Chinese officials have called for greater protection of pro-Beijing groups involved in rallies in Australia.
Hundreds of pro-democracy activists have gathered in Australian cities in support of protesters in Hong Kong in recent weeks.
However, there have been a number of scuffles between the pro-democracy and pro-China groups.
A Chinese foreign ministry spokesman said it was "totally understandable and reasonable" for Chinese students and other Chinese citizens overseas to "express indignation and opposition against such words and deeds that attempt to separate China and smear its image".
"We also hope overseas Chinese can express their patriotism in a rational way and protect themselves from harm."
The official said overseas Chinese should observe local laws and regulations.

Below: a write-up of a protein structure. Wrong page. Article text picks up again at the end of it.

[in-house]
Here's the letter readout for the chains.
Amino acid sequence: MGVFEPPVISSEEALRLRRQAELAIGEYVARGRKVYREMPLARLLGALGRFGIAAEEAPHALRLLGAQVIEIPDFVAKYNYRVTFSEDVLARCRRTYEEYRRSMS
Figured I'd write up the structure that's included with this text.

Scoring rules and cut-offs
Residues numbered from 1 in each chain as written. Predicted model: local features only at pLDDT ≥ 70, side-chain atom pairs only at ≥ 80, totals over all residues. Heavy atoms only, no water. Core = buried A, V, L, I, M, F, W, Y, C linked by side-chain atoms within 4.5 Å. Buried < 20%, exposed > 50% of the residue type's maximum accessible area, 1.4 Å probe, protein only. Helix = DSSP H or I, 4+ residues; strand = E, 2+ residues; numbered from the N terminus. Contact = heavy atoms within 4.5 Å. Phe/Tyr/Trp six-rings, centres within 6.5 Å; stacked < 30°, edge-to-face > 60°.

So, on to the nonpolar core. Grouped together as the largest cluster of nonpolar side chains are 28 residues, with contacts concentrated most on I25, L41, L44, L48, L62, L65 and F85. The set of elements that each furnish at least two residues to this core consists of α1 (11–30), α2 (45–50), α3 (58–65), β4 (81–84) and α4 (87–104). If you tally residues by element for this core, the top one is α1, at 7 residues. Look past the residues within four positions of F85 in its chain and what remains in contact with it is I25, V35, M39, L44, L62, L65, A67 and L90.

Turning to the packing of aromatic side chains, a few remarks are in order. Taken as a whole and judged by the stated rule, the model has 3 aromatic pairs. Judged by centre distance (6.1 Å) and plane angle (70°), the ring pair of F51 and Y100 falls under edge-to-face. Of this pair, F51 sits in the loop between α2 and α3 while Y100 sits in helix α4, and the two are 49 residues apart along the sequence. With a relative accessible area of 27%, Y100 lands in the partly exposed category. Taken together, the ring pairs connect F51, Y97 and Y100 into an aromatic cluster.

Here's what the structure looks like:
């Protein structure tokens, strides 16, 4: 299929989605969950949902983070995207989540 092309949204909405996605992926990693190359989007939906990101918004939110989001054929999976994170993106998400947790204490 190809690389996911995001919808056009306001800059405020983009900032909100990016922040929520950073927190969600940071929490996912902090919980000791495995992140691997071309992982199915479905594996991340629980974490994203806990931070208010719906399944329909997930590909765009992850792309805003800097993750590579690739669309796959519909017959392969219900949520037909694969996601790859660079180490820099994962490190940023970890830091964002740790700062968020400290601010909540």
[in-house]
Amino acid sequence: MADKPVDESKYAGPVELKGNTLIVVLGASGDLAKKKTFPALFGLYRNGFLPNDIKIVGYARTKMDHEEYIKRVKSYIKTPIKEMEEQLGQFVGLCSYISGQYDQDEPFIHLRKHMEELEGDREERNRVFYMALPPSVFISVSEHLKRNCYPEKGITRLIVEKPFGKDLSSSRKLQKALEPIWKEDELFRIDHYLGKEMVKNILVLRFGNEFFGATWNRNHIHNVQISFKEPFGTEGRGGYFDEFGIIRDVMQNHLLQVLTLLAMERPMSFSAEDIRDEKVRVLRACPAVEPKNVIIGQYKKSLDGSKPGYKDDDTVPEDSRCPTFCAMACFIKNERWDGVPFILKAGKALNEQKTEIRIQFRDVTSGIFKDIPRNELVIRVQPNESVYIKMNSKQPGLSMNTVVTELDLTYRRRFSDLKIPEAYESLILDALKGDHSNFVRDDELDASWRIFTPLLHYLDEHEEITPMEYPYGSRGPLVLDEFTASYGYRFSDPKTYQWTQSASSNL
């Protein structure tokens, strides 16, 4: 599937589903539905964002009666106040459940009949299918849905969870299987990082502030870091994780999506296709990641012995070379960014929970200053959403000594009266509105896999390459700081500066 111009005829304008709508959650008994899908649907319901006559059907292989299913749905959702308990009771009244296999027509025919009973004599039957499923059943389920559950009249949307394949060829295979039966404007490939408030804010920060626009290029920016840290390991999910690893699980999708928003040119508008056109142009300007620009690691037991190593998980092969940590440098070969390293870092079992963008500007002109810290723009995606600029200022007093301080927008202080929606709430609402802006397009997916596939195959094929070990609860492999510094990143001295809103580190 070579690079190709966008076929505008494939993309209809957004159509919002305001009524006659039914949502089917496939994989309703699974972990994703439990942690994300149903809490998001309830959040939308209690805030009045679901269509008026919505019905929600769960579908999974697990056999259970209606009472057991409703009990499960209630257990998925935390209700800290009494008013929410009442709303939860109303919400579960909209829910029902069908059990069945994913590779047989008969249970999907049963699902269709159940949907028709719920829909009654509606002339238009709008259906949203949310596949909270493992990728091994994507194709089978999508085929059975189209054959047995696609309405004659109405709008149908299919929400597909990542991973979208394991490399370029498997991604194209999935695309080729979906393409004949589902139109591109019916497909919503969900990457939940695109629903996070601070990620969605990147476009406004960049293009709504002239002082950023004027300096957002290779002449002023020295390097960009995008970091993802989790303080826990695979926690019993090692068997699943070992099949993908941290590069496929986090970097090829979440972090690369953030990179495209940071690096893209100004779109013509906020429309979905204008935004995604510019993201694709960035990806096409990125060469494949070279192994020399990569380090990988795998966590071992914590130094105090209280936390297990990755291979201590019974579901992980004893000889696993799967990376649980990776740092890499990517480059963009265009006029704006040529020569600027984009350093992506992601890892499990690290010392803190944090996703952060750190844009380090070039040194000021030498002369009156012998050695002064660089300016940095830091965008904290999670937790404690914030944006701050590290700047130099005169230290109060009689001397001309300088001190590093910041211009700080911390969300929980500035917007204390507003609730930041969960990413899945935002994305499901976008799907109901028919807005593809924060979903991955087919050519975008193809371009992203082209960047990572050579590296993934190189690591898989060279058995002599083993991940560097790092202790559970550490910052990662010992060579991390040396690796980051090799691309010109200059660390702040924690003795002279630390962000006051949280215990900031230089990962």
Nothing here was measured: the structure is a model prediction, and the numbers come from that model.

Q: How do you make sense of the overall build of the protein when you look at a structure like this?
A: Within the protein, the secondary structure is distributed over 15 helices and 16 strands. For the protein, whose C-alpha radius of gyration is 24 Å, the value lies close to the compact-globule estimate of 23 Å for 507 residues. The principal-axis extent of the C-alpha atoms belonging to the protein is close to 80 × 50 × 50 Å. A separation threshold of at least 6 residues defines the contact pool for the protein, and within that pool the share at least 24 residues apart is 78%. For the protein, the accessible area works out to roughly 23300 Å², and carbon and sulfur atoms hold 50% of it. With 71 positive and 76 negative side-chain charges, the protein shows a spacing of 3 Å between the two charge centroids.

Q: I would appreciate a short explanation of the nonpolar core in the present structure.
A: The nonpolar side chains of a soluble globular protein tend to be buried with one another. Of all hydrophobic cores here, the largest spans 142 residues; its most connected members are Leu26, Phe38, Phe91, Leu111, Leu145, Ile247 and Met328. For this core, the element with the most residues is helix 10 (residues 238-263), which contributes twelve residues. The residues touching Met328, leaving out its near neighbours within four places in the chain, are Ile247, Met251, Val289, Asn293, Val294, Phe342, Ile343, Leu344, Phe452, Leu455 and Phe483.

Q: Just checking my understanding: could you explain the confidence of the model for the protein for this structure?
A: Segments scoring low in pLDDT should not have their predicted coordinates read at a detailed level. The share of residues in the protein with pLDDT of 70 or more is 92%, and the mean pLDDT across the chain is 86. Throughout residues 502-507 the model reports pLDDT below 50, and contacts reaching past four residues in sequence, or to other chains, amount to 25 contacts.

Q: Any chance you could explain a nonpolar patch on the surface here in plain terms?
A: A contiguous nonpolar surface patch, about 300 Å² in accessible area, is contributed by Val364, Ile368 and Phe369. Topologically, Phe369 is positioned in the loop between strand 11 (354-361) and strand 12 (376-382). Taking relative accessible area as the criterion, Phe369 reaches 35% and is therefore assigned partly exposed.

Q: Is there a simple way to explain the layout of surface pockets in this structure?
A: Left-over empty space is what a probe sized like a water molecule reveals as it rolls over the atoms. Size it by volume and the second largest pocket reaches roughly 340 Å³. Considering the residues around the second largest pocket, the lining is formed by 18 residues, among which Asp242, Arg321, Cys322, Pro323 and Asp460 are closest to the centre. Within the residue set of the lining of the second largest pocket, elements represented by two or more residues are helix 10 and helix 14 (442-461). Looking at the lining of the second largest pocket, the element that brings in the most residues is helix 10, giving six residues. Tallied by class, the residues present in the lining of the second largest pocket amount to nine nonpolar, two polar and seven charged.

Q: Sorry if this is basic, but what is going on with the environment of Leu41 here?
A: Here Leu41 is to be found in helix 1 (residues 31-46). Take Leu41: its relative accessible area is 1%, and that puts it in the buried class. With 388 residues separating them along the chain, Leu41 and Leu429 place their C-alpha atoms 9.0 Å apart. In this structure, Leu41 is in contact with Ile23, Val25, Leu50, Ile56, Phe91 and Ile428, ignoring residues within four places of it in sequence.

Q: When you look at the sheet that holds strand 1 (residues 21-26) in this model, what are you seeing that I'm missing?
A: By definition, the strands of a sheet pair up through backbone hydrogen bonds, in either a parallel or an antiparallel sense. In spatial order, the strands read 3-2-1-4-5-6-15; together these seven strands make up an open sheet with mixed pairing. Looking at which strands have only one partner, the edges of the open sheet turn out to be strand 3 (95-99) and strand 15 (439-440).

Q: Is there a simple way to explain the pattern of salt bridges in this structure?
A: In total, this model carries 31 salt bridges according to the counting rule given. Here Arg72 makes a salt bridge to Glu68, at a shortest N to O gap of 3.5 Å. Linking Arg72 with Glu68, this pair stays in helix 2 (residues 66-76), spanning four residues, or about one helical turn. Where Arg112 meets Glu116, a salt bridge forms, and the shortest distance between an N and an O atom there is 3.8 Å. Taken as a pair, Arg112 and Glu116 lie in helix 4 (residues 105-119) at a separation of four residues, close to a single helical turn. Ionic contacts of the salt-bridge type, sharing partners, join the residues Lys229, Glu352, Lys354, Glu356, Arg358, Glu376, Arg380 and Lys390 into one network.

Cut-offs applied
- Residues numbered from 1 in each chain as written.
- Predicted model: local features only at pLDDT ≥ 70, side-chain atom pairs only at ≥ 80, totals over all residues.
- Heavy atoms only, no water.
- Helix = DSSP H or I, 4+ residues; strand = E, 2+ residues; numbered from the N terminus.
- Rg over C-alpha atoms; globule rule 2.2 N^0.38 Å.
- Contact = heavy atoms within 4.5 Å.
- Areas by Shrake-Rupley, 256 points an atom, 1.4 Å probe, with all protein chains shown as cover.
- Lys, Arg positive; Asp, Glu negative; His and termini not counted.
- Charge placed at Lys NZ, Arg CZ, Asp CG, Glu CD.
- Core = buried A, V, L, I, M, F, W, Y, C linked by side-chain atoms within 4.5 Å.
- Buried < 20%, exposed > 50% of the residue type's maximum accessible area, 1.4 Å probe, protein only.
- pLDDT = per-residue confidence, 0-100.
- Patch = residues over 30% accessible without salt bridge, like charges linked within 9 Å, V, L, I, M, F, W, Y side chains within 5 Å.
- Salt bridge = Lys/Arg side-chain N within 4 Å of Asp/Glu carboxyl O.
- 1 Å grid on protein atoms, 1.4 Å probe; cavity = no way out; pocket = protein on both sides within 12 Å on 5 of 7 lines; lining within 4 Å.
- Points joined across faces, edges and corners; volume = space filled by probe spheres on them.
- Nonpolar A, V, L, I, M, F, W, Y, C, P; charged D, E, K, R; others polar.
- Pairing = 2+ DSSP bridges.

"In the meantime, we hope relevant countries can understand and respect their legal activities and protect their lawful rights and interests."
Hong Kong has been plunged into its biggest political crisis since the former British colony's return to Chinese rule in 1997, with a wave of protests against a now-suspended extradition bill which would see people sent to mainland China for trial in Communist Party-controlled courts.
The protests, which started in April, have now transformed into broader demands including the resignation of Hong Kong's embattled leader Carrie Lam and calls for a "free Hong Kong".
Meanwhile, a poster with a death threat on it aimed at pro-Hong Kong protesters has been removed from a wall at the University of Technology Sydney.
The poster showed a drawing of a person holding another person over a cliff with the caption: "Take back your Hong Kong independence speech if you don't want to die".
A spokesman for the university told AAP the posters on the wall were reviewed regularly, but the wall had been made available to students earlier this month as a way of peacefully expressing their views.
The wall is overseen by campus security.
Australian Associated Press